July 22nd, 2024

MSI grant program replacement heavily tied to provincial revenue

By COLLIN GALLANT on December 16, 2023.

Construction crews begin work on upgrades below S. Railway Street downtown in this 2017 file photo. The province's new Local Government Fiscal Framework program, which is replacing the Municipal Sustainability Initiative, will provide $8.2 million in capital grants to Medicine Hat in 2024.--NEWS FILE PHOTO

cgallant@medicinehatnews.com@CollinGallant

The province’s major municipal infrastructure grant has been finalized as the Ministry of Municipal Affairs announced Friday allocations of the next two years under the Local Government Fiscal Framework.

That replaces the Municipal Sustainability Initiative created by Premier Ed Stelmach in 2006 as a 10-year program, which more recent governments have promised to update.

The grant, also known as the LGFF, will provide the City of Medicine Hat $8.2 million in 2024 for use on an array of capital construction projects, then $9.5 million in 2025.

The value next year is about $2 million more than the city received in 2022 under a previous formula, but less than the previous 10-year average of $11.1 million.

“The whole allocation program has changed,” said Dennis Egert, the city’s managing director of corporate services, adding the new formula for determining distribution leaves Medicine Hat in “about the same place” as the old formula, though it is uncertain whether the amount will rise over time.

The system dedicates a portion of the province’s total revenue each year, and includes a three-year lag to allow for mid-term planning.

But, said Egert, the current amounts come out of calculations when the province’s revenue is at historic levels.

“We have advanced notice, but it is tied to Alberta revenues that can be volatile considering energy business … (The 2024 amount) reflects what the government is seeing in terms of 2025 revenues, but the program is rolling out at a time of historic high for provincial revenues. The risk for municipalities is if that revenue drops for whatever reason, the municipalities will be impacted.”

Egert’s division used estimates for the LGFF amounts in the recent 2024 city capital budget update, and those sit close to the actuals released by the province this week after several years of discussions with municipalities.

The Town of Redcliff will receive $861,000 next year, then $973,000 in 2025, according to a schedule released by Municipal Affairs.

Cypress County’s allocation will be $1.85 million in 2024, then increase to $2.1 million the next year.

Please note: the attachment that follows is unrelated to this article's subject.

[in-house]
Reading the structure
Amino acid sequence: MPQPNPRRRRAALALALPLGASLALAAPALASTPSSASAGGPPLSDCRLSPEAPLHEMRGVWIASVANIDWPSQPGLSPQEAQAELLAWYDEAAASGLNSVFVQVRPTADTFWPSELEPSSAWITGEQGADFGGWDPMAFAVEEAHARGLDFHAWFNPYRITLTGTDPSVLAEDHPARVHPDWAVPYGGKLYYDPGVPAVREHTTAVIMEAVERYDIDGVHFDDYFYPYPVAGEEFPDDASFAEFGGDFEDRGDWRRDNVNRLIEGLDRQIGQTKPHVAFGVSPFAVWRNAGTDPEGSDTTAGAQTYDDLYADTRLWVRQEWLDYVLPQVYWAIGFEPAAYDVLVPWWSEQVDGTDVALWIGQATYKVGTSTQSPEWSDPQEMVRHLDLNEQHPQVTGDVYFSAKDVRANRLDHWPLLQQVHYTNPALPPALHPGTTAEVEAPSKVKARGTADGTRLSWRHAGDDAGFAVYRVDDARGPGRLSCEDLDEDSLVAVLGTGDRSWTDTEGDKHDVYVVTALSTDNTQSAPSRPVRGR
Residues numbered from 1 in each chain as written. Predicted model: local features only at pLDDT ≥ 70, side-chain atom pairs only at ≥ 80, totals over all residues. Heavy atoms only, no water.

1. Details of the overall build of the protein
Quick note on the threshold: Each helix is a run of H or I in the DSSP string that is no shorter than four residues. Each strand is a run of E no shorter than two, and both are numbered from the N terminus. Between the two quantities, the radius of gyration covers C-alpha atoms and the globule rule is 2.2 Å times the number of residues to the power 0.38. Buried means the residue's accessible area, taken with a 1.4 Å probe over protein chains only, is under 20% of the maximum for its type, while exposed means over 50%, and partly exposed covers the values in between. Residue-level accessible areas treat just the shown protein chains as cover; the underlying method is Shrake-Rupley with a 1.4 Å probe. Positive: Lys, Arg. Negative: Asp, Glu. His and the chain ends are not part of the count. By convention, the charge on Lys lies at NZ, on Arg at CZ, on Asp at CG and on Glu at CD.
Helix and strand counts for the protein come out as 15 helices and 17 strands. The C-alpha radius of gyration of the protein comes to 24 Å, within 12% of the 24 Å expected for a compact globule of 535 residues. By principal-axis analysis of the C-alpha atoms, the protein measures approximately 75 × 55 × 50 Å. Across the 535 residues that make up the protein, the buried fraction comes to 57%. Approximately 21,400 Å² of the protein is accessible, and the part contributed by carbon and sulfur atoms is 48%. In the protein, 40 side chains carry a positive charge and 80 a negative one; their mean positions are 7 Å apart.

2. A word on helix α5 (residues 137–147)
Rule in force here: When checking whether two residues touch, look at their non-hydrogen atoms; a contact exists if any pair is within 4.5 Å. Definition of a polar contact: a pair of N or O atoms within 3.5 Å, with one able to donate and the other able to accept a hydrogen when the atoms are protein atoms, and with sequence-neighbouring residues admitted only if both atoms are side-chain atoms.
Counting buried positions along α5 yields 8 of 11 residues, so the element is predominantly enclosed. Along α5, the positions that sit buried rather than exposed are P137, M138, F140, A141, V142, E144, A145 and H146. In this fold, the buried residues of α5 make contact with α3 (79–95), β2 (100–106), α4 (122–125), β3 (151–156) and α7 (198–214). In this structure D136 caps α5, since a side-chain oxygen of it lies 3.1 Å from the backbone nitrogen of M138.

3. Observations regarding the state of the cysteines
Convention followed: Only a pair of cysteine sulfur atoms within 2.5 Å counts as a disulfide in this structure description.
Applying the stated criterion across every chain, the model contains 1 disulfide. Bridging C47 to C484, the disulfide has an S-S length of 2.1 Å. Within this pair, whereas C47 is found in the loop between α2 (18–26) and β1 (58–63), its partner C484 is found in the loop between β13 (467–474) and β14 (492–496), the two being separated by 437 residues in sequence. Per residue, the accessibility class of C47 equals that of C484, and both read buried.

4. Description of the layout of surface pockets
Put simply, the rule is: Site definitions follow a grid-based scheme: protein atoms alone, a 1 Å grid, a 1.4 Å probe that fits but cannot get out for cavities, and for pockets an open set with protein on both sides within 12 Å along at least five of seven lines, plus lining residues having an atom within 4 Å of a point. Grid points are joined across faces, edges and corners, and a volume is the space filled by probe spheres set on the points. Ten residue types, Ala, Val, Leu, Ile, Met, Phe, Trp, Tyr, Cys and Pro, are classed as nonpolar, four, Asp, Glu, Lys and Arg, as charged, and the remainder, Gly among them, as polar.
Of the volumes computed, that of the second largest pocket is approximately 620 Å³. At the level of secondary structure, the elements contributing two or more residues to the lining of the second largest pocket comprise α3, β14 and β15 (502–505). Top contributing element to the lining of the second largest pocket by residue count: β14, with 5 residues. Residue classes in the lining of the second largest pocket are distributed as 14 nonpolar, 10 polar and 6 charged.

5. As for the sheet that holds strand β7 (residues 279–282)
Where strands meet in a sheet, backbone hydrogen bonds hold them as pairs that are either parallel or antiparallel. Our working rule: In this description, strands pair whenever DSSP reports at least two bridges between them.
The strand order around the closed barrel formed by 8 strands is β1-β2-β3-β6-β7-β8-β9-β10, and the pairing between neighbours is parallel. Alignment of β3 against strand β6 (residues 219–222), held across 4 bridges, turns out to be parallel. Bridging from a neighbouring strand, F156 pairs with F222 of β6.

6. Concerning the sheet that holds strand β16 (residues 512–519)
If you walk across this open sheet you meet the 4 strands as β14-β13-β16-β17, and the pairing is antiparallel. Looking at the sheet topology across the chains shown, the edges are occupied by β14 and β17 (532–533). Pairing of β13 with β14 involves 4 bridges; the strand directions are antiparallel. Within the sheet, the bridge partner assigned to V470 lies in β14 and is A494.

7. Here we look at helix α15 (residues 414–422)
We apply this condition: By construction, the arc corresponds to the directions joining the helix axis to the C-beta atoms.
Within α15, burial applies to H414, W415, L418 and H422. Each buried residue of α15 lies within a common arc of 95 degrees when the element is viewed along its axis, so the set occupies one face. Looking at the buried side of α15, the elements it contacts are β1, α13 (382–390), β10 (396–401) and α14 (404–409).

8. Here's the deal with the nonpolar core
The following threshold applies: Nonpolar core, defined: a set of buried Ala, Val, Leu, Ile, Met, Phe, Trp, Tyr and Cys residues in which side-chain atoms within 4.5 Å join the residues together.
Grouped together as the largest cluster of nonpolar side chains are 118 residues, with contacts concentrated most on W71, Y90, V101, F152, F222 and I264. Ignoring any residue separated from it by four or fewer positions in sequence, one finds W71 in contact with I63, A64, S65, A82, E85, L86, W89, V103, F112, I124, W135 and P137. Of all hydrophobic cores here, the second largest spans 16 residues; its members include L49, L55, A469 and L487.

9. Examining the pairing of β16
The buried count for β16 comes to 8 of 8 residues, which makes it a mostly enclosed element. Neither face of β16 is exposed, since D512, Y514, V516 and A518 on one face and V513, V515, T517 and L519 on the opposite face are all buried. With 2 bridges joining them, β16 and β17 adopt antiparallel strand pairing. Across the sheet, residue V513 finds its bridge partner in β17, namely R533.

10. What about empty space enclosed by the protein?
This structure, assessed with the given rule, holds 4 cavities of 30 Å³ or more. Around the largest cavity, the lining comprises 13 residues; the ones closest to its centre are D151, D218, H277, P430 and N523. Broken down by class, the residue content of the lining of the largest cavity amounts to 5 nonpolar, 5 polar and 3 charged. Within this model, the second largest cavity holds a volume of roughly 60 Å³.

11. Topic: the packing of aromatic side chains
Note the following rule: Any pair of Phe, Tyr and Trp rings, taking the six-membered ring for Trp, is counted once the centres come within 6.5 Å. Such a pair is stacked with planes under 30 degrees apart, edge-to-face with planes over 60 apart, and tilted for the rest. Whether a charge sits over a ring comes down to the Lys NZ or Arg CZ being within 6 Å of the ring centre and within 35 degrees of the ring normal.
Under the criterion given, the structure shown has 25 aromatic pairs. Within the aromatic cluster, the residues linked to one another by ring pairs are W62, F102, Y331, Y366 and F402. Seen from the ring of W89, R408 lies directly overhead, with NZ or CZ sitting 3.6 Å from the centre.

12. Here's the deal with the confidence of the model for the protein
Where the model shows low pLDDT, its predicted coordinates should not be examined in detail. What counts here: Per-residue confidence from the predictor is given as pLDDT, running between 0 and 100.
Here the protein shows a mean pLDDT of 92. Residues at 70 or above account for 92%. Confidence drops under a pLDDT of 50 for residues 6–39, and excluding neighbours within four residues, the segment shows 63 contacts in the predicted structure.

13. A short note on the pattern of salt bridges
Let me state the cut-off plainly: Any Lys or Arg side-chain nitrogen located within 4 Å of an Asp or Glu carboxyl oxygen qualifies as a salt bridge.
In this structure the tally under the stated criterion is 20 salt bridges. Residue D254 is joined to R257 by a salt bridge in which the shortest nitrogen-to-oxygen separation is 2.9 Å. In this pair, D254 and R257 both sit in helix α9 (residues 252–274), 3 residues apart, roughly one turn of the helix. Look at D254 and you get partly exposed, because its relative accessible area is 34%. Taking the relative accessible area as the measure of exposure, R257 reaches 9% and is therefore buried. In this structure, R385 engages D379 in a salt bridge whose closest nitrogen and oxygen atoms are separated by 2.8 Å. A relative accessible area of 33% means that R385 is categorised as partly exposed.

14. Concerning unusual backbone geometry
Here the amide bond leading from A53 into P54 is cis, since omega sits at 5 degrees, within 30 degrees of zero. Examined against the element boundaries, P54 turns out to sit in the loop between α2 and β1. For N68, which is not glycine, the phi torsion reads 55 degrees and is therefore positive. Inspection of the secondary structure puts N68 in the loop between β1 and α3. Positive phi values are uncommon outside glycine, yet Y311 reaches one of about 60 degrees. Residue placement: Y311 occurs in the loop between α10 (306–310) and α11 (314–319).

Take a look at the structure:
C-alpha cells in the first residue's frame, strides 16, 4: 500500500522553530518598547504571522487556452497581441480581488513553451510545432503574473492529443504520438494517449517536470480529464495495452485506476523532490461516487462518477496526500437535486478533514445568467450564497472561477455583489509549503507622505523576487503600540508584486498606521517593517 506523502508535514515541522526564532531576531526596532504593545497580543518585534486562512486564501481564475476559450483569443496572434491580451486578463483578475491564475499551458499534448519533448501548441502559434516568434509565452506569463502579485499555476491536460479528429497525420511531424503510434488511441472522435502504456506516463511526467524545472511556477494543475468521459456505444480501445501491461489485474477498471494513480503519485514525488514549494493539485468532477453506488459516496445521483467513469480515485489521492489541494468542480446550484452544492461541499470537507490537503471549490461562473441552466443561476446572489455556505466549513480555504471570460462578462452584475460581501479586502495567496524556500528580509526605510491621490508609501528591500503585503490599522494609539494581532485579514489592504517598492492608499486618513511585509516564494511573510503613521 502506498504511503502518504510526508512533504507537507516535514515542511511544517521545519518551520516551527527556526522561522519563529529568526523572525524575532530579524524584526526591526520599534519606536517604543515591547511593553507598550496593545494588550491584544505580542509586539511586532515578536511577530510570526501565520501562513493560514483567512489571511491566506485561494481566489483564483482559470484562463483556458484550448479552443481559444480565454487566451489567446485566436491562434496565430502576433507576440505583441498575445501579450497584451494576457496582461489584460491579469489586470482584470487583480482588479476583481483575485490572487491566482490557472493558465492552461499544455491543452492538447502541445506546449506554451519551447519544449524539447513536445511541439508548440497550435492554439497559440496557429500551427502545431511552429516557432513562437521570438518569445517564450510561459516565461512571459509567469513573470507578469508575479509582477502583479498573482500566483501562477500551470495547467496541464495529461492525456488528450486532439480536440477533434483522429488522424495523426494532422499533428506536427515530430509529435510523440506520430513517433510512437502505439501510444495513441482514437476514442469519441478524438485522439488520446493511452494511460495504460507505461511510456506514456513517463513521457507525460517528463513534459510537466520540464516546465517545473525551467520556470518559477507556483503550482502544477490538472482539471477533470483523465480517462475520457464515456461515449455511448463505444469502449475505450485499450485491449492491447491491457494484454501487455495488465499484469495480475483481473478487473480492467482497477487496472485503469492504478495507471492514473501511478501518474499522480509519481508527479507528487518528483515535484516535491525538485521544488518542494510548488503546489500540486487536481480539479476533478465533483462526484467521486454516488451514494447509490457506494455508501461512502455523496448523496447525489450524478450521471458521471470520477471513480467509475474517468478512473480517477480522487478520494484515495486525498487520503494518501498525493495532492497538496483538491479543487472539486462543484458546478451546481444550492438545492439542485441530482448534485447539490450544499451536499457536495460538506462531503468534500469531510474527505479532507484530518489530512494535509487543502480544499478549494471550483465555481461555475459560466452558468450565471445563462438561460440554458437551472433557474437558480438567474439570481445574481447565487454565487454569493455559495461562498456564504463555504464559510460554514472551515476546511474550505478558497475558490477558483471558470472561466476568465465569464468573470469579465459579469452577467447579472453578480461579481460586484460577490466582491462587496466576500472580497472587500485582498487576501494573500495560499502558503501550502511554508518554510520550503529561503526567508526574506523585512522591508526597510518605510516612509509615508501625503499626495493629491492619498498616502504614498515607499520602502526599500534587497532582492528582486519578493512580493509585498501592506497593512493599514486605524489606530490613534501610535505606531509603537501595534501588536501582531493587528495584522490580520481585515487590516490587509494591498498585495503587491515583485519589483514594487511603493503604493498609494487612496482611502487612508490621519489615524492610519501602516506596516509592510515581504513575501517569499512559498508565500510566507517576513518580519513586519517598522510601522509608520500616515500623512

The total province-wide budget for the program is $1.54 billion, about half of which is dedicated for Calgary and Edmonton. That is about 8 per cent more than previously.

“Communities across Alberta have long asked for funding that is predictable and tied to provincial revenue changes,” said Minster Ric McIvor.

Previously grants were determined on criteria of population and assessment with a small portion for road length.

Going forward, population plays a larger role, but with tangible assets of a city (publicly owned infrastructure), its amortization factored in along with roads.

“It better represents the cost drivers for any municipality; population really affects a city’s infrastructure needs,” said Egert, who felt the city gains as more weight is attributed to road and tangible assets, but not on amortization.

“We’re an older city, we’re digging up older infrastructure, and the original cost of those assets are lower than newer communities,” he said. “Overall, we’re coming to the same place on bigger picture.”

The 2024 city budget assumed $10.5 million in government grants for capital construction, including the federal Buildings Canada Grant, formerly known as the Gas Tax Fund.

The total construction budget is $47 million for 2024, of which $22.6 million is to be debt-financed and $14 million combined in reserves, working capital or tax revenue in departmental budgets.

The largest portion, worth $11.5 million in total, is dedicated to replacement or upgrade programs for aging roads, sewers and bridgework.

The largest single project for the coming year is a $6.25-million upgrade to Division Avenue S., while about $3.8 million relates to irrigation upgrades and replacements for the parks department.

A second portion of MSI related to operational spending items will remain in place and rises to $451,000 in 2024 for the city.

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